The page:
- The DA, EFF, UDM, COPE, IFP, GOOD Party, Green Party and SRWP do mention climate change and environmental sustainability as key issues that South Africa needs to address in their overall vision. This is a welcome inclusion. Even so, they fall short from adequately mainstreaming these issues throughout their programme for the next five years. This is best illustrated by the fact that each of them chose to dedicate a specific section of their political programme to climate change, rather than emphasising how it intersects with other items on our developmental agenda. The Green Party, ANC and EFF manifestos are the only ones making cross-sectional references, but limited for the latter two.
- In the same vein, the EFF and UDM both allude to the need to overcome the (perceived) conflicts between economic and environmental or climatic imperatives, and to better link the two. One would have expected this would translate into a coherent response throughout their policy proposals. Sadly, their manifestos like those of the several other parties suggest a “trade-offs” approach to climate change, rife with inconsistencies. Case in point, several parties suggest that job creation and economic growth justify unsustainable practices. A typical example is the contradiction between carbon emission reductions commitments and other economic proposals such as oil and gas exploration, the continued reliance on “clean” or “safe” coal to power development, or the desire to increase air traffic to and from South Africa as in the DA manifesto. The ANC is probably the most explicit in promoting mining and fossil fuels extraction as major economic drivers, regardless of the environmental and socio-economic price tag. On the contrary, SRWP calls for a slow-down on mining due to concerns for mining-affected communities. DA, EFF, UDM, COPE highlight the potential of the green economy, but one would have hoped this would have underpinned their general economic outlook.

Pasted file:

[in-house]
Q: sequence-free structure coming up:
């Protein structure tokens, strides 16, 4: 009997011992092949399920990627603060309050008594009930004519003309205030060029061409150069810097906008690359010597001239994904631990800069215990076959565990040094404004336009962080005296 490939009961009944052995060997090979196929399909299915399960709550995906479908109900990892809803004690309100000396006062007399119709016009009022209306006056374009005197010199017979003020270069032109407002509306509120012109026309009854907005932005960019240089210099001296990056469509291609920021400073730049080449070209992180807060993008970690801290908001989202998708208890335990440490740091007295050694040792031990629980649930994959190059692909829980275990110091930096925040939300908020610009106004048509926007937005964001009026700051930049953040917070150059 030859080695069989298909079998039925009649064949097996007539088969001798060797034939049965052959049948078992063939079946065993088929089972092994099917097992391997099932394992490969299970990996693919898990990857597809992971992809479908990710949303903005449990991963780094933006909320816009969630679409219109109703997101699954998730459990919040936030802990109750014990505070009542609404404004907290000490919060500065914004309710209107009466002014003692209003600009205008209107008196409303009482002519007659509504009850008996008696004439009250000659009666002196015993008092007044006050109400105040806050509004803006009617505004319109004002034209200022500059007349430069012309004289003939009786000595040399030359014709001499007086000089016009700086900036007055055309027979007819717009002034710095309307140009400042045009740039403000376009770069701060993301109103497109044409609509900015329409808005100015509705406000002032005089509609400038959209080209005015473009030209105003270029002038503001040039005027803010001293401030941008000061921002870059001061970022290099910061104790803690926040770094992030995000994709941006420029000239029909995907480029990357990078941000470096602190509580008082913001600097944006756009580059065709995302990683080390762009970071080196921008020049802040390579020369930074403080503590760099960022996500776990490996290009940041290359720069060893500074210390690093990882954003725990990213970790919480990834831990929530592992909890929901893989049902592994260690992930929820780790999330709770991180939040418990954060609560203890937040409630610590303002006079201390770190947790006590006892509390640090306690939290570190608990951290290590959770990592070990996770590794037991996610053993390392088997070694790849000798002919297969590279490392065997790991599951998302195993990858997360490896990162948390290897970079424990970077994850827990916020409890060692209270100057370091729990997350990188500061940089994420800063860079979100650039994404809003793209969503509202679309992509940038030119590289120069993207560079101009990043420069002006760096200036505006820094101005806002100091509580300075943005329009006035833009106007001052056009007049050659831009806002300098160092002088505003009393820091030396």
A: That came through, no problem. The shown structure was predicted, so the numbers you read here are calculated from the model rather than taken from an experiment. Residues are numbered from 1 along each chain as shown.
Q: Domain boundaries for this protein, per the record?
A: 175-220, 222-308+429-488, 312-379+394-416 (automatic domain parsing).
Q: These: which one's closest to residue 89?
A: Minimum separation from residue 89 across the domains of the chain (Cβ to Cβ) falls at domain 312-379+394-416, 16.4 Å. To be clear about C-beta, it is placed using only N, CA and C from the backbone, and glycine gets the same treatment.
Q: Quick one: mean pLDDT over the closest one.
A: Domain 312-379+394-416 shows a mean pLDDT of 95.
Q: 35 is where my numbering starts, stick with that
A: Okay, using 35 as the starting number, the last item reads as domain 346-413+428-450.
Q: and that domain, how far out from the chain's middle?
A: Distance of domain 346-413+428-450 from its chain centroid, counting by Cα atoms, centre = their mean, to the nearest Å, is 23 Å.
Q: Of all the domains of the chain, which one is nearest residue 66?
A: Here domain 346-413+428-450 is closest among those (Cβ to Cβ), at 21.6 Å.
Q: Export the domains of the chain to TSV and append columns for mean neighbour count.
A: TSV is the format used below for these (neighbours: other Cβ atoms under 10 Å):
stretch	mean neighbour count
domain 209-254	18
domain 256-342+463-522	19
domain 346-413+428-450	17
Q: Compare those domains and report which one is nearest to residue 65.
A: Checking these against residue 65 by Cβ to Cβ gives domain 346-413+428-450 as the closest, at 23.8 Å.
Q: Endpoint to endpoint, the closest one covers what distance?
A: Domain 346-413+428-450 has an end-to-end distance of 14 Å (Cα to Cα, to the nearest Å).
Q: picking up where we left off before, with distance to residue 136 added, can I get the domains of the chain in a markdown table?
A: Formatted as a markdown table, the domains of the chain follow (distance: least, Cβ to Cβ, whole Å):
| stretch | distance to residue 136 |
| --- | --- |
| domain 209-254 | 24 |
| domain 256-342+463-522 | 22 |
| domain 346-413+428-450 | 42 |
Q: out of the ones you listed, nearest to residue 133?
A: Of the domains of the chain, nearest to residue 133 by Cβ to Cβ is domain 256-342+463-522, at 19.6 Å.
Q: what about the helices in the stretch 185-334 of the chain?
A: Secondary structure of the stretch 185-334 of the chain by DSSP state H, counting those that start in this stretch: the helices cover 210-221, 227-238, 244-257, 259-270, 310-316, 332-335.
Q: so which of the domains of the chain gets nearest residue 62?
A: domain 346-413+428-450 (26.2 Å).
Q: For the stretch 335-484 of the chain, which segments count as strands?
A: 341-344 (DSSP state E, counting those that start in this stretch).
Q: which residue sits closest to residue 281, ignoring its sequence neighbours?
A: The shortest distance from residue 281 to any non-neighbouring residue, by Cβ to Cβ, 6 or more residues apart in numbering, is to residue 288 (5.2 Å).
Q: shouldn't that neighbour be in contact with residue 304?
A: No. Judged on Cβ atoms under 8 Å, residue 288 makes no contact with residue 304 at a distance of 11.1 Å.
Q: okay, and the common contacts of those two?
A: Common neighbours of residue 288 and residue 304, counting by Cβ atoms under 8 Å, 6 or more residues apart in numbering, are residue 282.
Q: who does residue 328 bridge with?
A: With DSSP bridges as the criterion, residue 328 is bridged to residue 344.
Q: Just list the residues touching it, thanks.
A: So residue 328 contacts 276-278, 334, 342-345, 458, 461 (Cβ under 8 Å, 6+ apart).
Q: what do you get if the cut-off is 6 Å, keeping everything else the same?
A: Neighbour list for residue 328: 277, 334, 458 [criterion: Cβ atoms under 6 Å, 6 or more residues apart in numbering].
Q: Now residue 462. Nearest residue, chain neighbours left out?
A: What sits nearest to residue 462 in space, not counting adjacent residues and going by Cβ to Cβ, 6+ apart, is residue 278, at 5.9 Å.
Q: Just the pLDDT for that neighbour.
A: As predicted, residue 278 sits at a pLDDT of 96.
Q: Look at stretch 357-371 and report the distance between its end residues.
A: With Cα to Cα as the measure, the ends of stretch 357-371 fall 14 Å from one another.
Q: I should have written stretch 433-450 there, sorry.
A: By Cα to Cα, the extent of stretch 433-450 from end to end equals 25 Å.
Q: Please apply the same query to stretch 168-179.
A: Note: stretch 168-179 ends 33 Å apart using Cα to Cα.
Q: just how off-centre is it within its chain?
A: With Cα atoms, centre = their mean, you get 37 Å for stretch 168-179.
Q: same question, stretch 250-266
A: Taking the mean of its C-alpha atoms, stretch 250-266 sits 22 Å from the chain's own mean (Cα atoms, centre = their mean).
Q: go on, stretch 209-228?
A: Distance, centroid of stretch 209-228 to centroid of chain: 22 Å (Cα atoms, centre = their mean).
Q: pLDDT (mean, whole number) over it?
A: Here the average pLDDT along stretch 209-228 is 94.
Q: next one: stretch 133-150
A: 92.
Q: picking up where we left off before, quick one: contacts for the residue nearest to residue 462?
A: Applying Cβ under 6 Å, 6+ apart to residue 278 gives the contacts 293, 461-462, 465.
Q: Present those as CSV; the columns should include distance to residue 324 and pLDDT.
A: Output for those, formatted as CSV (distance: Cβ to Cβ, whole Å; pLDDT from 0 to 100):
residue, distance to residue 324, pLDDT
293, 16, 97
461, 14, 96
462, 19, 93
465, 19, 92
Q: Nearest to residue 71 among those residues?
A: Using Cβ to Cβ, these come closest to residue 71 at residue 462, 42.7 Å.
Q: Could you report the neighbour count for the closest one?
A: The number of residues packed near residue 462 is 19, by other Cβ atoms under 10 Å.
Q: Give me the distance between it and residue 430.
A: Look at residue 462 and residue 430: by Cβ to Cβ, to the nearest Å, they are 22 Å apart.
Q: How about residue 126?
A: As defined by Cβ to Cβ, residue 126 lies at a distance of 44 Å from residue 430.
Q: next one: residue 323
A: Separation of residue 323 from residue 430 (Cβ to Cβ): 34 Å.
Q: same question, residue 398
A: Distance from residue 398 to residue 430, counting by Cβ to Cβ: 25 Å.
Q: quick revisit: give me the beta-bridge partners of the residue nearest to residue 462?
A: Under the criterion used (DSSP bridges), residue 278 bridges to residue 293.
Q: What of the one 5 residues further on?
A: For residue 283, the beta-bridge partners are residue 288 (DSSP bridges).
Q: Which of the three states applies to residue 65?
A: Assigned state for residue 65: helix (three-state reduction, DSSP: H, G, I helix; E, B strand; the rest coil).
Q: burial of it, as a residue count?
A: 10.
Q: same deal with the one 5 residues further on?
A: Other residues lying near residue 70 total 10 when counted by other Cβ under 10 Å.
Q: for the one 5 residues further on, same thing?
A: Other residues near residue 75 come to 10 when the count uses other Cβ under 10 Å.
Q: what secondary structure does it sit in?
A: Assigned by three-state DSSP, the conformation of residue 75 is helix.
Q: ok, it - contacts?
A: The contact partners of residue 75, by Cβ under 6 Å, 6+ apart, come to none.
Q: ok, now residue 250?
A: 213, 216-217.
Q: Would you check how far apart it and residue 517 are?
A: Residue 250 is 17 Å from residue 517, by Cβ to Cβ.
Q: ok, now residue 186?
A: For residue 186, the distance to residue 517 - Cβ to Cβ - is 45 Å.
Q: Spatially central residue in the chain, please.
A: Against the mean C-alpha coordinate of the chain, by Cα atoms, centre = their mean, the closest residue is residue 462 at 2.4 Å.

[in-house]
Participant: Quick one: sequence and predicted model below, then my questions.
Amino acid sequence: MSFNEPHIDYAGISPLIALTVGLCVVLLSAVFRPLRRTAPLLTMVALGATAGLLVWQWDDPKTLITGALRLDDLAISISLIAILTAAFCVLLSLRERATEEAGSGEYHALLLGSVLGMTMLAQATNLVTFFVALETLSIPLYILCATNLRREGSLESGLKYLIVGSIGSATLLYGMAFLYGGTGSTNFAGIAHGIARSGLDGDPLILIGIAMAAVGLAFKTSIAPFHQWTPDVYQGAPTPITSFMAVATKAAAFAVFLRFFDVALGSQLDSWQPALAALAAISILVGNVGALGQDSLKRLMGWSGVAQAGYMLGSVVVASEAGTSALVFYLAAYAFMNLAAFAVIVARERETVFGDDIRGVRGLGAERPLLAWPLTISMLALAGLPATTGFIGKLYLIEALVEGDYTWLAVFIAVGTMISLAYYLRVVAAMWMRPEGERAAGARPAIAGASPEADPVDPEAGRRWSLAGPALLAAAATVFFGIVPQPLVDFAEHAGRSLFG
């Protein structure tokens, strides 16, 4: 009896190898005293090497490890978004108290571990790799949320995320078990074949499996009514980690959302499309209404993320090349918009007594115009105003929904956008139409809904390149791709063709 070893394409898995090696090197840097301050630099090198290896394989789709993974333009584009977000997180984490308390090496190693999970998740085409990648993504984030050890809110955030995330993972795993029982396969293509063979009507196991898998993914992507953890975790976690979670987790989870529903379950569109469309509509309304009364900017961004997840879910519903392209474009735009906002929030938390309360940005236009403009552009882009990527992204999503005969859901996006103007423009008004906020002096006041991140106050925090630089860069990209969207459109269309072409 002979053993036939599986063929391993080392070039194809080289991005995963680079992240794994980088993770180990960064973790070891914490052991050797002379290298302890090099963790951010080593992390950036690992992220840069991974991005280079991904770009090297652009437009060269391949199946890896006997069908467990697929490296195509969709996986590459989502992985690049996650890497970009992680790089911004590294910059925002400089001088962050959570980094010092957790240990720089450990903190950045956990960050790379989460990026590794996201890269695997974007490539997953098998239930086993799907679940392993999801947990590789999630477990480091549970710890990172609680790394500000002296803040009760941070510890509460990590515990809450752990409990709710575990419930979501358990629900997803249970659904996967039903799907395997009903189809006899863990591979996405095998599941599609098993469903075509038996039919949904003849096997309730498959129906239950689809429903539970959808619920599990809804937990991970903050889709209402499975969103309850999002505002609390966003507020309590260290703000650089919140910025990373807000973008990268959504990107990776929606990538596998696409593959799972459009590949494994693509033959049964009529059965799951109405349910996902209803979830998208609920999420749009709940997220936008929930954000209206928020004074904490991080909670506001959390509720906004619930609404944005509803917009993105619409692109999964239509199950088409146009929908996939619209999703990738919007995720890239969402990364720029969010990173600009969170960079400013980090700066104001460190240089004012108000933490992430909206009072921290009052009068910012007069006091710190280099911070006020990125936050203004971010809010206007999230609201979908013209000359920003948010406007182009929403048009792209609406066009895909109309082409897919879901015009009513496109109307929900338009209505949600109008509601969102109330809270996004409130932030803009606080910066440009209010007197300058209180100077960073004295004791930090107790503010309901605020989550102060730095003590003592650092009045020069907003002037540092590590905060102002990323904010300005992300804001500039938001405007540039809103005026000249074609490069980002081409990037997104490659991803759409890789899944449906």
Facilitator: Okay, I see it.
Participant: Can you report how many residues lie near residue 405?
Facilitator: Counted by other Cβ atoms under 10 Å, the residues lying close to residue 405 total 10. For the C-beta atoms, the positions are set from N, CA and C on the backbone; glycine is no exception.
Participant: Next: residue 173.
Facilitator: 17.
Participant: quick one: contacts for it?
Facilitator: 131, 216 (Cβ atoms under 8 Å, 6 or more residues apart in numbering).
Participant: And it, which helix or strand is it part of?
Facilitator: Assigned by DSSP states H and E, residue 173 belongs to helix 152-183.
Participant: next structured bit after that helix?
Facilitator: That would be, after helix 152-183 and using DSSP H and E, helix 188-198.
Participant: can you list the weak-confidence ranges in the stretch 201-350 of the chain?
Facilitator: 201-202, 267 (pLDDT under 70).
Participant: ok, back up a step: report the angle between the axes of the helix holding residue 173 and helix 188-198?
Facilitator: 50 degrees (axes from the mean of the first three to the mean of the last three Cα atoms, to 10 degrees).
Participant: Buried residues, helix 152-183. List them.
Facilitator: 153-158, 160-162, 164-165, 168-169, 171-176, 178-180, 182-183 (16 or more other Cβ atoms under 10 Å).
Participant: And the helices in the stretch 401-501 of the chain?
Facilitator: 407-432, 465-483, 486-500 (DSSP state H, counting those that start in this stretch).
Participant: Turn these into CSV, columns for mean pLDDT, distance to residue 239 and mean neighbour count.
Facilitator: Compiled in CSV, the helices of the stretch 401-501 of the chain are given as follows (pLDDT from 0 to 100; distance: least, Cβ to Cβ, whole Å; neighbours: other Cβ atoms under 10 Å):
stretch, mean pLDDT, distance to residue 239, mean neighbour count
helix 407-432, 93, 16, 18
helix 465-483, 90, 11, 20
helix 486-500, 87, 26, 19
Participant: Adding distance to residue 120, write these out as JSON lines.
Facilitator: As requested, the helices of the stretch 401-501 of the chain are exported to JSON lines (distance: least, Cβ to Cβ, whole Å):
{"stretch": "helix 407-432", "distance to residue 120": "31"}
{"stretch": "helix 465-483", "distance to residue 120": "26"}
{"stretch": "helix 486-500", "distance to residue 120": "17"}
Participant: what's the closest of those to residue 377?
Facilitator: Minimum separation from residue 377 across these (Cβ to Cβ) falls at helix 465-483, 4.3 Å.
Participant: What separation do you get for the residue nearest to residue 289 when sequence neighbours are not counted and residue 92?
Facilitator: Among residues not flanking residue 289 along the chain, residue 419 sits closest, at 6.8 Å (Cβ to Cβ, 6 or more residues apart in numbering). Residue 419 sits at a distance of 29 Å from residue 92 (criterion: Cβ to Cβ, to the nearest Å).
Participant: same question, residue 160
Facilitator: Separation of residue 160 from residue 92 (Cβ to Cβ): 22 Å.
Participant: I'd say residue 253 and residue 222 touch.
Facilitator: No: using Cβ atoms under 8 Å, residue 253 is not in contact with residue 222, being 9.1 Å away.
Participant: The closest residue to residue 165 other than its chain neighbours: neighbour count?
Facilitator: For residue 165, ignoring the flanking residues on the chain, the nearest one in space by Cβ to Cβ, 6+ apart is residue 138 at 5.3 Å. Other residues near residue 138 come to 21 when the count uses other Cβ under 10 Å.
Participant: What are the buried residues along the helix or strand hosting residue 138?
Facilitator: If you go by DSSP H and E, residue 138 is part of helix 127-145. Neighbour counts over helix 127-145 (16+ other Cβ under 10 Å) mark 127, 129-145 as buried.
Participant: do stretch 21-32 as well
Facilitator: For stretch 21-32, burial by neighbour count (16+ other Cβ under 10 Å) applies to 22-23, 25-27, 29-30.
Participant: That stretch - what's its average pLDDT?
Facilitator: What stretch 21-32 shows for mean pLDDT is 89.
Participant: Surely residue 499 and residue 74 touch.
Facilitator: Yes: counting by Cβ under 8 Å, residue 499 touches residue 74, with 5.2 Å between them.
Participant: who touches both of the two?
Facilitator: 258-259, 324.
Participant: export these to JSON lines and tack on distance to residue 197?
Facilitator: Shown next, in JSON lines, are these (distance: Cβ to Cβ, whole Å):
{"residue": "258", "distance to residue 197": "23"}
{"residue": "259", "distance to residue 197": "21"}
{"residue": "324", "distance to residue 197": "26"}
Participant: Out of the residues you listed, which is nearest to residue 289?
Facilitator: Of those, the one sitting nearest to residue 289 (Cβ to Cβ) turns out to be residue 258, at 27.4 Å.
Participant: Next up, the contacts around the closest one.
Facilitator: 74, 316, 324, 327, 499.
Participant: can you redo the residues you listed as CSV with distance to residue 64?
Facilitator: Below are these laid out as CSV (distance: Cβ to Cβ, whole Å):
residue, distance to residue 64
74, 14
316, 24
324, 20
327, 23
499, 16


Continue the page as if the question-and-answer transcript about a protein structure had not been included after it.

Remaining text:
- The FF+ and Green Party are clear about their intention to drive a shift away from fossil fuels towards cheaper and cleaner renewable energy, with more or less specific targets. The GOOD Party also suggests that renewable energy should become prominent. The other parties are either silent, or advocate an “all of the above” energy mix at odds with environmental, economic and social justice considerations.
- It seems as though most political parties are oblivious to the urgency and scale of the climate crisis and how it is going to undermine our ability to achieve socio-economic justice in the very near future. This doesn’t apply to the Green Party, which aims to bring “immediate attention (…) to the urgency of our situation (…) and the steps required to address this”. COPE also acknowledges the seriousness of climate change, but fails to explain how to operationalise its response. The EFF hints that we urgently need to bring down greenhouse gas emissions; it is in fact the only manifesto that sets a hard reduction target.
- The ANC, EFF and SRWP are the only ones to mention the need to ensure a just transition in the energy sector through reskilling. It is unclear how the other contesting parties propose to ensure that the shift to a low-carbon economy will be fair and provide for those dependent on high-emitting sectors for their livelihoods.
- In terms of adaptation and climate resilience, only the ANC and DA include suggestions for the agricultural sector and water infrastructures respectively. The IFP advocates “climate resilient development measures” without substantiating what they would consist of.
Download full analysis here.